A California man accused by U.S. special counsel Robert Mueller’s office of operating an online auction service for stolen identities was sentenced to one year in prison on Wednesday in a federal district court.
Richard Pinedo, who pleaded guilty to one count of identity fraud in February, could serve half the sentence at home, Judge Dabney Friedrich said.
The criminal charge against Pinedo was announced in February by Mueller’s office at the same time it announced an indictment against 13 Russians and three Russian companies on charges they adopted fake online personas to push divisive messages, travelled to the United States to collect intelligence and staged political rallies.
The indictment against the Russians makes no mention of Pinedo by name. However, a source familiar with the case told Reuters he is named in the charging documents as the person who helped the Russian conspirators launder money, as well as purchase Facebook ads and pay for rally supplies, through PayPal Holdings Inc.
No knowledge of Russian intentions: lawyer
Pinedo’s attorney, Jeremy Lessem, has said his client had no knowledge of the identities or the motivations of those who purchased the information he sold.
“This is something that is way beyond anything he could have possibly imagined he could be involved in,” Lessem told The Associated Press earlier this year.
According to the indictment against the 13 Russians, the defendants in 2016 used Social Security numbers and birth dates of real U.S. people to open PayPal accounts and to create fake driver licences and open social media accounts.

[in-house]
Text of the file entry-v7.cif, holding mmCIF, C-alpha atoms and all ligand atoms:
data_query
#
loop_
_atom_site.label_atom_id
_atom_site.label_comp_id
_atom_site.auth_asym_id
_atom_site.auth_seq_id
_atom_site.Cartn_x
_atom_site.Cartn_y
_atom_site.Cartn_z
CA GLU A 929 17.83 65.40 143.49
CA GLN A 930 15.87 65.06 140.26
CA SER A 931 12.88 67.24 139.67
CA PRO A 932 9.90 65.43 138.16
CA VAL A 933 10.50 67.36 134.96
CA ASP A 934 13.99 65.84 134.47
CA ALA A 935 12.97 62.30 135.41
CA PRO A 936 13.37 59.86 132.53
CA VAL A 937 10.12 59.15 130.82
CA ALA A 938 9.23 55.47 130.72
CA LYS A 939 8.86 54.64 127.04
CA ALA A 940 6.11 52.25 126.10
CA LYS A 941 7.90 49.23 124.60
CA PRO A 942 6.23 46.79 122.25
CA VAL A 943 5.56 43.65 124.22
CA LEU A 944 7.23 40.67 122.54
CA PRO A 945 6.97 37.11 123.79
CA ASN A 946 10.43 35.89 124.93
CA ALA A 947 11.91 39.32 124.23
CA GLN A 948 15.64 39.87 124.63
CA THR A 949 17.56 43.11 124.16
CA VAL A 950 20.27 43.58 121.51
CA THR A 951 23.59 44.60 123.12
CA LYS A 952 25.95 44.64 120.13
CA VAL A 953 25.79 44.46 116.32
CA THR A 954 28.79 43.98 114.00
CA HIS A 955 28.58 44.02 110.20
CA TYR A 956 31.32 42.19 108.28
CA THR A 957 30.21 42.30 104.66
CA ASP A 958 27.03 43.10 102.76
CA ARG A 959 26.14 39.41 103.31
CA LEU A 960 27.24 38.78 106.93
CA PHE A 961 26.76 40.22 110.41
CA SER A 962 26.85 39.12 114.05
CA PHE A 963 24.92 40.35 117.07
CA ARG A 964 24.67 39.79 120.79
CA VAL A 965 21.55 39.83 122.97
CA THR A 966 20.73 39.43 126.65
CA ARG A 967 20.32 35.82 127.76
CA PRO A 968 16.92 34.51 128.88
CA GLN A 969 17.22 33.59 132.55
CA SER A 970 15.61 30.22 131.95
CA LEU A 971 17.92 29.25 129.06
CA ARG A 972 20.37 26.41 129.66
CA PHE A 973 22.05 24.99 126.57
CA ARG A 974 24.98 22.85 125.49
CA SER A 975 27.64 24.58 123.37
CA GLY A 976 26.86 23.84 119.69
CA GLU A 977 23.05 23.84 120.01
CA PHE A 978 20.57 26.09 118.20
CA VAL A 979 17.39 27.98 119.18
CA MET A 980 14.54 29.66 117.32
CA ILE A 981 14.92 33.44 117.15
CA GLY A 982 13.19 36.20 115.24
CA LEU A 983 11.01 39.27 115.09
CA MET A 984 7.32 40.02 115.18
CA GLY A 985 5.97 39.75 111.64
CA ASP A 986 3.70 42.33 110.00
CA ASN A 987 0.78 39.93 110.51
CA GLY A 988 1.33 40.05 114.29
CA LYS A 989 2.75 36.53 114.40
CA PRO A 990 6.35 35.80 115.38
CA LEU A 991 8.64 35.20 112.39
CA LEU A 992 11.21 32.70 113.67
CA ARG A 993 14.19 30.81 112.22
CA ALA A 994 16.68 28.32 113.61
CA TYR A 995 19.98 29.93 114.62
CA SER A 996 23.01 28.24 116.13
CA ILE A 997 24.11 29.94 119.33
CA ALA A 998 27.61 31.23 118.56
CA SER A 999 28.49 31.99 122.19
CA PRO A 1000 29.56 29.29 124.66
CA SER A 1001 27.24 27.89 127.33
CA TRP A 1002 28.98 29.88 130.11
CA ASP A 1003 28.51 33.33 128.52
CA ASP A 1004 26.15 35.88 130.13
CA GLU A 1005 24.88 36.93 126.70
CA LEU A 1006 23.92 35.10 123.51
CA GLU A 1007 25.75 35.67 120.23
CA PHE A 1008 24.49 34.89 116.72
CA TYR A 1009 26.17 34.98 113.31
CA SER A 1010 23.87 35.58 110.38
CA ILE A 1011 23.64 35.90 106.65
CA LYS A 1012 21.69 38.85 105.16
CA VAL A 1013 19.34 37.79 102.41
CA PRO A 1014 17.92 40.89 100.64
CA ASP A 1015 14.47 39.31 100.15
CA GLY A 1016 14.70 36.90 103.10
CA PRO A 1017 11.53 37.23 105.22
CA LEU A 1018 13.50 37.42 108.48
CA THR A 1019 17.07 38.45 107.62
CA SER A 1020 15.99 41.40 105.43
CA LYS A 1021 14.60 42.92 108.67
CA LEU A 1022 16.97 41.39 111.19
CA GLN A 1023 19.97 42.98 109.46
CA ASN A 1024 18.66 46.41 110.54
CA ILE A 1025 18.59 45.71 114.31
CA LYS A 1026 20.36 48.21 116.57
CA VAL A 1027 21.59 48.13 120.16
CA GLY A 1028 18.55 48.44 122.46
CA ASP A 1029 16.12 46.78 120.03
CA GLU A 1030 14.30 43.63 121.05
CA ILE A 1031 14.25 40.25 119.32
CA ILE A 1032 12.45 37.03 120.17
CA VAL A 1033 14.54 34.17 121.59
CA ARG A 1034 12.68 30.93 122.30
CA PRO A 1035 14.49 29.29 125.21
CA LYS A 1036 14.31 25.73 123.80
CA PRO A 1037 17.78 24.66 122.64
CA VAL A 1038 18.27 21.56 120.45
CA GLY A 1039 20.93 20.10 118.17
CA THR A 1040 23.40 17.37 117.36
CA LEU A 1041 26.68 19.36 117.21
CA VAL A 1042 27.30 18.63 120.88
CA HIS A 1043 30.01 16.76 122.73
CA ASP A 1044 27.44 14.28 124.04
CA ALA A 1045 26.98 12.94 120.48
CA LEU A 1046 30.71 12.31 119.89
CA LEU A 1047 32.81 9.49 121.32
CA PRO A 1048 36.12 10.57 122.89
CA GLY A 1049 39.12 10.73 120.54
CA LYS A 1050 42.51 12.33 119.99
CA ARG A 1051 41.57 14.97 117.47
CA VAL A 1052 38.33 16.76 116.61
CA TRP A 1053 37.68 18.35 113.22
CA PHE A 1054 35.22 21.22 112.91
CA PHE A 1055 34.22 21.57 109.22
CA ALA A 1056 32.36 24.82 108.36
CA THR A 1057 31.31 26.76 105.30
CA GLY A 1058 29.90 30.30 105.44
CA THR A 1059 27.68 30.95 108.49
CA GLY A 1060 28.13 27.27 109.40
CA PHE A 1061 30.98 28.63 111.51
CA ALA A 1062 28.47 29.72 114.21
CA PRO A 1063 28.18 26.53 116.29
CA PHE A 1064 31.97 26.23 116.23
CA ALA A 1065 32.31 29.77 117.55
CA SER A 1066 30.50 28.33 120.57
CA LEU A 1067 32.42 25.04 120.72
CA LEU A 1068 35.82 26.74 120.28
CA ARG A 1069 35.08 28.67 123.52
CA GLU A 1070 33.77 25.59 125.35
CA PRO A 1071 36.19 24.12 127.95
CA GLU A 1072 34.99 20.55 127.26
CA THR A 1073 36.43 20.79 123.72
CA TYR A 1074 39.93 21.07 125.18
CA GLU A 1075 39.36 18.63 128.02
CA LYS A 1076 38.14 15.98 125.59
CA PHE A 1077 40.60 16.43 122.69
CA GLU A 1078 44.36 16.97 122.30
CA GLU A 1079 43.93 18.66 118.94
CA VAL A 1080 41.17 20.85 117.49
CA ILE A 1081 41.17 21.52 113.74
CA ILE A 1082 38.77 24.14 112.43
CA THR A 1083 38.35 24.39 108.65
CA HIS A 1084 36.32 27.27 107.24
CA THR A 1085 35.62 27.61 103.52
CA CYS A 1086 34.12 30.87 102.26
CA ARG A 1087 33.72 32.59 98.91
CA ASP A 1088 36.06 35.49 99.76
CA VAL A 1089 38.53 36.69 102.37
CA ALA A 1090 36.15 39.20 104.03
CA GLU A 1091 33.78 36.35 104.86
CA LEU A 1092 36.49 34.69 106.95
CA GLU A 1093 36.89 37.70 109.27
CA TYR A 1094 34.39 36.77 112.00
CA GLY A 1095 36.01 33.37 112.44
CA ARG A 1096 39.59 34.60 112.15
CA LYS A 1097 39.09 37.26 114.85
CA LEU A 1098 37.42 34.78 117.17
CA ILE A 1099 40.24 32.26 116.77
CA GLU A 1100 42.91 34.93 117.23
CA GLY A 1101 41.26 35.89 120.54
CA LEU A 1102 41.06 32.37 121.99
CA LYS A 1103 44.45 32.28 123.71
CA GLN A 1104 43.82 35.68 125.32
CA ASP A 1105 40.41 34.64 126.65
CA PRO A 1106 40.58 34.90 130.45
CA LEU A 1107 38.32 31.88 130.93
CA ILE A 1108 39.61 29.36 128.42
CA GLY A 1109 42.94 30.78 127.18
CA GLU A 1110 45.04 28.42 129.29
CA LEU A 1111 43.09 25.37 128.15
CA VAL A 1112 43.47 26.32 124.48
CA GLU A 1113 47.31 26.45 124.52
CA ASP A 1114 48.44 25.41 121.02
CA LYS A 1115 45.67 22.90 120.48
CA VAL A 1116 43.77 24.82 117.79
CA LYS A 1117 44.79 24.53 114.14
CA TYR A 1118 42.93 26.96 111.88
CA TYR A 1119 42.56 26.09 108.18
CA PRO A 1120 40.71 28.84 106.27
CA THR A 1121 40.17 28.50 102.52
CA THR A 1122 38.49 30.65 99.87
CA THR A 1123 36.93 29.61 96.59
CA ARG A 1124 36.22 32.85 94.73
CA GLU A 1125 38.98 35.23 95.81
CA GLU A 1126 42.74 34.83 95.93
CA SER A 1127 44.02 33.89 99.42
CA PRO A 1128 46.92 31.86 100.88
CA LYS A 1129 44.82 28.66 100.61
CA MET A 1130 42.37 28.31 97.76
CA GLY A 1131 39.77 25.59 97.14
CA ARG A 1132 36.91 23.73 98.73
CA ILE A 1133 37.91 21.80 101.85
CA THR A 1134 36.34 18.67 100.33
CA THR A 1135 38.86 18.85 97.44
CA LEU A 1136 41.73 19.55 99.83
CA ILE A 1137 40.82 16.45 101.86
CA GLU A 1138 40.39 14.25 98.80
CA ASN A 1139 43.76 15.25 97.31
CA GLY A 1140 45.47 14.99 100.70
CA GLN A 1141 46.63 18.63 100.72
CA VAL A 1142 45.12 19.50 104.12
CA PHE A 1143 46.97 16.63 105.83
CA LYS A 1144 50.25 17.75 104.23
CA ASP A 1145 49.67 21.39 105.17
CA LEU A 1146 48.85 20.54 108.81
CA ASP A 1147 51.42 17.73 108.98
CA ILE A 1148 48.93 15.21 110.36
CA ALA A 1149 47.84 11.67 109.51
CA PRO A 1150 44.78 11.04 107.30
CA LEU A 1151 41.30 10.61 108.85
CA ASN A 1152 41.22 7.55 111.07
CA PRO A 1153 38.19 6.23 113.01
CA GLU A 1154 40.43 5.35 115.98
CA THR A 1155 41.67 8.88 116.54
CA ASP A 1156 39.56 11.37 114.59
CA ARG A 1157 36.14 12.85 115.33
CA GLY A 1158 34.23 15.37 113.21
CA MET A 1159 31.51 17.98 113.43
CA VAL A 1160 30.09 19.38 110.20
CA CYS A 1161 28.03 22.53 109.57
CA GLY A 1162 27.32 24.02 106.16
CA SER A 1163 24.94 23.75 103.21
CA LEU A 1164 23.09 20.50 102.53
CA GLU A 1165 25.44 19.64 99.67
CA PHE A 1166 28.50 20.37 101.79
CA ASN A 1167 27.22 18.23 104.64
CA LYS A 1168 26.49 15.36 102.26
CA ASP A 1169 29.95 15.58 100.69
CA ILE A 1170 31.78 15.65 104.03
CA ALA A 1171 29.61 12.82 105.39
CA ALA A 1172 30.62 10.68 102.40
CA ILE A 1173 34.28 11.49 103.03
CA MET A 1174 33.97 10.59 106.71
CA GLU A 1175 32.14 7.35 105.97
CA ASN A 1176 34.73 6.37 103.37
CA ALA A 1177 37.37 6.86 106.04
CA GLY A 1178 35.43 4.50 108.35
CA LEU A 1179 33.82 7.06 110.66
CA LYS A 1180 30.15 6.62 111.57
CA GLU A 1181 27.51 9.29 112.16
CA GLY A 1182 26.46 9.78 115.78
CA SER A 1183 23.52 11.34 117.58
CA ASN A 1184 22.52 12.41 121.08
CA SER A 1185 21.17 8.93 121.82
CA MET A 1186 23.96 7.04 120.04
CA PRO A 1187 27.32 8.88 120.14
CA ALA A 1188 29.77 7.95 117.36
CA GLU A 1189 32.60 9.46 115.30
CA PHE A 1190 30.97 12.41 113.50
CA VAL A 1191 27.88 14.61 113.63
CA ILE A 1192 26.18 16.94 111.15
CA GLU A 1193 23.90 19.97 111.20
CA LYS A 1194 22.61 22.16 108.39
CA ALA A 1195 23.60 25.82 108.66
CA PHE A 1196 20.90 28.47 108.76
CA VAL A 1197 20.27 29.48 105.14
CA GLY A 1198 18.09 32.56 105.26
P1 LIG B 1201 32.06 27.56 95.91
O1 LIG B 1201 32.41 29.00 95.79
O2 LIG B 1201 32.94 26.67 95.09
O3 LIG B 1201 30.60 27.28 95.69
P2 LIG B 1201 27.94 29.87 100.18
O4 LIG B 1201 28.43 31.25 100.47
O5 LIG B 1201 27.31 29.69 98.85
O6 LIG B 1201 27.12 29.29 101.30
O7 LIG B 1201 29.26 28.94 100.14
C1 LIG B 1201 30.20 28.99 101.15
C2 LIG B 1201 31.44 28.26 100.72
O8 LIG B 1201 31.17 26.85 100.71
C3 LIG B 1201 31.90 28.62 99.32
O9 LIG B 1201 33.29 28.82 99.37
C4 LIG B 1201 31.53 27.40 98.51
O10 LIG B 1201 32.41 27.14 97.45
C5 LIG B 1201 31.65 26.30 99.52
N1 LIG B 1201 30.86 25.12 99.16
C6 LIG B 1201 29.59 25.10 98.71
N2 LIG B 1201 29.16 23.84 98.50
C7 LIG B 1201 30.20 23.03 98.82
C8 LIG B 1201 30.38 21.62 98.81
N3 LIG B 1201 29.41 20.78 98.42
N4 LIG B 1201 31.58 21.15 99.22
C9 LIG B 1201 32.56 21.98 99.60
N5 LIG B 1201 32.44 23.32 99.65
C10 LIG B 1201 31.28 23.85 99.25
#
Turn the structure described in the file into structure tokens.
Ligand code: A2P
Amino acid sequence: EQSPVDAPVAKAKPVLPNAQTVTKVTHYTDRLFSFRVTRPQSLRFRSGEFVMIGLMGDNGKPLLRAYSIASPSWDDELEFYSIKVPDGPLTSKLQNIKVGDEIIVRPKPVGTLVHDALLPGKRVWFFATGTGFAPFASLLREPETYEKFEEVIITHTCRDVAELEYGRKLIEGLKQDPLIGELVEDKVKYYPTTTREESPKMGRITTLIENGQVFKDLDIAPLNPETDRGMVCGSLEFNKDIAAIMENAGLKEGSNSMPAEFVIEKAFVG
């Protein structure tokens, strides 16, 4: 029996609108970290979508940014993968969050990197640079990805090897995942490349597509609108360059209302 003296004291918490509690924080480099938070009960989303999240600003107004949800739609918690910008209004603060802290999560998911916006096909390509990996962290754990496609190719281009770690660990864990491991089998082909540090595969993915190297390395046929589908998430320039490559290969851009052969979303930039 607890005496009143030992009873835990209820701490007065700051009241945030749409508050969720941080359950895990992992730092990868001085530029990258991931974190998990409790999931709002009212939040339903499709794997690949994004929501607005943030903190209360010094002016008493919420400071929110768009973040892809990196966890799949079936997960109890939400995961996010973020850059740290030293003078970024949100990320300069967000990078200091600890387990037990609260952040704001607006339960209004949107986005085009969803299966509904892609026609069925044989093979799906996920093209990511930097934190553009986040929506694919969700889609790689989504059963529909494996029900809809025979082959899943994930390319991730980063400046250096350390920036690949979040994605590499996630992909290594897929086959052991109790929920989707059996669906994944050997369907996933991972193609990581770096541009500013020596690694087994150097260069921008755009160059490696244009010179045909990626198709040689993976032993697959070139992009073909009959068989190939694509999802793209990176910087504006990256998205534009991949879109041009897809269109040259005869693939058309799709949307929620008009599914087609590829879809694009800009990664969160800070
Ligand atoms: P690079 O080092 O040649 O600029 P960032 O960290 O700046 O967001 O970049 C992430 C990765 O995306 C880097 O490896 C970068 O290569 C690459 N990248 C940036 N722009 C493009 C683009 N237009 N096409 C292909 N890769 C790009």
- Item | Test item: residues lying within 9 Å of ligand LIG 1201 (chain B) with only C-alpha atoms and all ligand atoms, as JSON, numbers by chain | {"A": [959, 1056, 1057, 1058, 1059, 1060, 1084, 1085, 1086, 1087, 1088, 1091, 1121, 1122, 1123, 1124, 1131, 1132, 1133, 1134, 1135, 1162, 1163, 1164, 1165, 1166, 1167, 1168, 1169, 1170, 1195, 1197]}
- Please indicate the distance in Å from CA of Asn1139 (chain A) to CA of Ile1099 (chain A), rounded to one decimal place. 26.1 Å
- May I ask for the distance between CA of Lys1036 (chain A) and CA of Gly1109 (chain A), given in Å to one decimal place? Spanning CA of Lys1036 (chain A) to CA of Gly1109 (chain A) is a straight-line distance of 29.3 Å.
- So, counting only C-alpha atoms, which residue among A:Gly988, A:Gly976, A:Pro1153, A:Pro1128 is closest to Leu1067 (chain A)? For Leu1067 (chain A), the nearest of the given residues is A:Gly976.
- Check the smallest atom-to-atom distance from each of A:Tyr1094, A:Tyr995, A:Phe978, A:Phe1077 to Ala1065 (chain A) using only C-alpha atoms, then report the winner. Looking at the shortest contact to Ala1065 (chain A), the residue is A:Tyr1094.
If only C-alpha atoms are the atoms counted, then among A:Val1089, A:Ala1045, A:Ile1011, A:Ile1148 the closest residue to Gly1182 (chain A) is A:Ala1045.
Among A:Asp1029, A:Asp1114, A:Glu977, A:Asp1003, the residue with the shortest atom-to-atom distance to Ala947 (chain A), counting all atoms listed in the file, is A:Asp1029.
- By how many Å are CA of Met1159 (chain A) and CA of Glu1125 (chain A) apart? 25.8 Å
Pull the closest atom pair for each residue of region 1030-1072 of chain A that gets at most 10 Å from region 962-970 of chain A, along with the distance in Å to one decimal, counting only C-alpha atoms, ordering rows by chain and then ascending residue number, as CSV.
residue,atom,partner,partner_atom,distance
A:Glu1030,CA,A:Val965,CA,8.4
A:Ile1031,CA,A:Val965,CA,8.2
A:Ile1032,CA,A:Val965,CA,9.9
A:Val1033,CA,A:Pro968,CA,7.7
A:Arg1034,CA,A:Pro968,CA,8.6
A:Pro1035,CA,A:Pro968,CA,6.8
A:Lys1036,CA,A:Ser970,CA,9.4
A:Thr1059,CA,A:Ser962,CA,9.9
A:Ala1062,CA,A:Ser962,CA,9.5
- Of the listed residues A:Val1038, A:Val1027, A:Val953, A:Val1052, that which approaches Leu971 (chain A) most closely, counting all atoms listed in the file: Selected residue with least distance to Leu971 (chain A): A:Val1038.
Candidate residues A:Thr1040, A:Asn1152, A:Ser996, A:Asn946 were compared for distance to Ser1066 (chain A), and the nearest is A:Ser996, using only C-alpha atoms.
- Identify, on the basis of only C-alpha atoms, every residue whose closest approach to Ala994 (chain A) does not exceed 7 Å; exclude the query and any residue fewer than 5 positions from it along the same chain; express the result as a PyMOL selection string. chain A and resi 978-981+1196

The United States does not have an extradition treaty with Russia. However, one of the Russian companies charged in the indictment — Concord Management and Consulting LLC — has hired American attorneys to fight the charges.
Mueller’s investigation, initiated by Deputy Attorney General Rod Rosenstein in May 2017, is investigating any links or co-ordination between the Russian government and individuals associated with the campaign of President Donald Trump, as well as any crimes uncovered in the course of that investigation.
The probe, which Trump has railed against, has led to indictments of nearly three-dozen individuals. While most have been Russian, onetime Trump associates Michael Flynn, Paul Manafort, Rick Gates, George Papadopoulos have agreed to guilty pleas to a variety of charges as a result of the investigation.
Michael Cohen, Trump’s personal attorney, also admitted guilt to finance campaign violations in a deal with authorities resulting from a case that was referred to federal prosecutors in New York by the Mueller team.
With files from CBC News and The Associated Press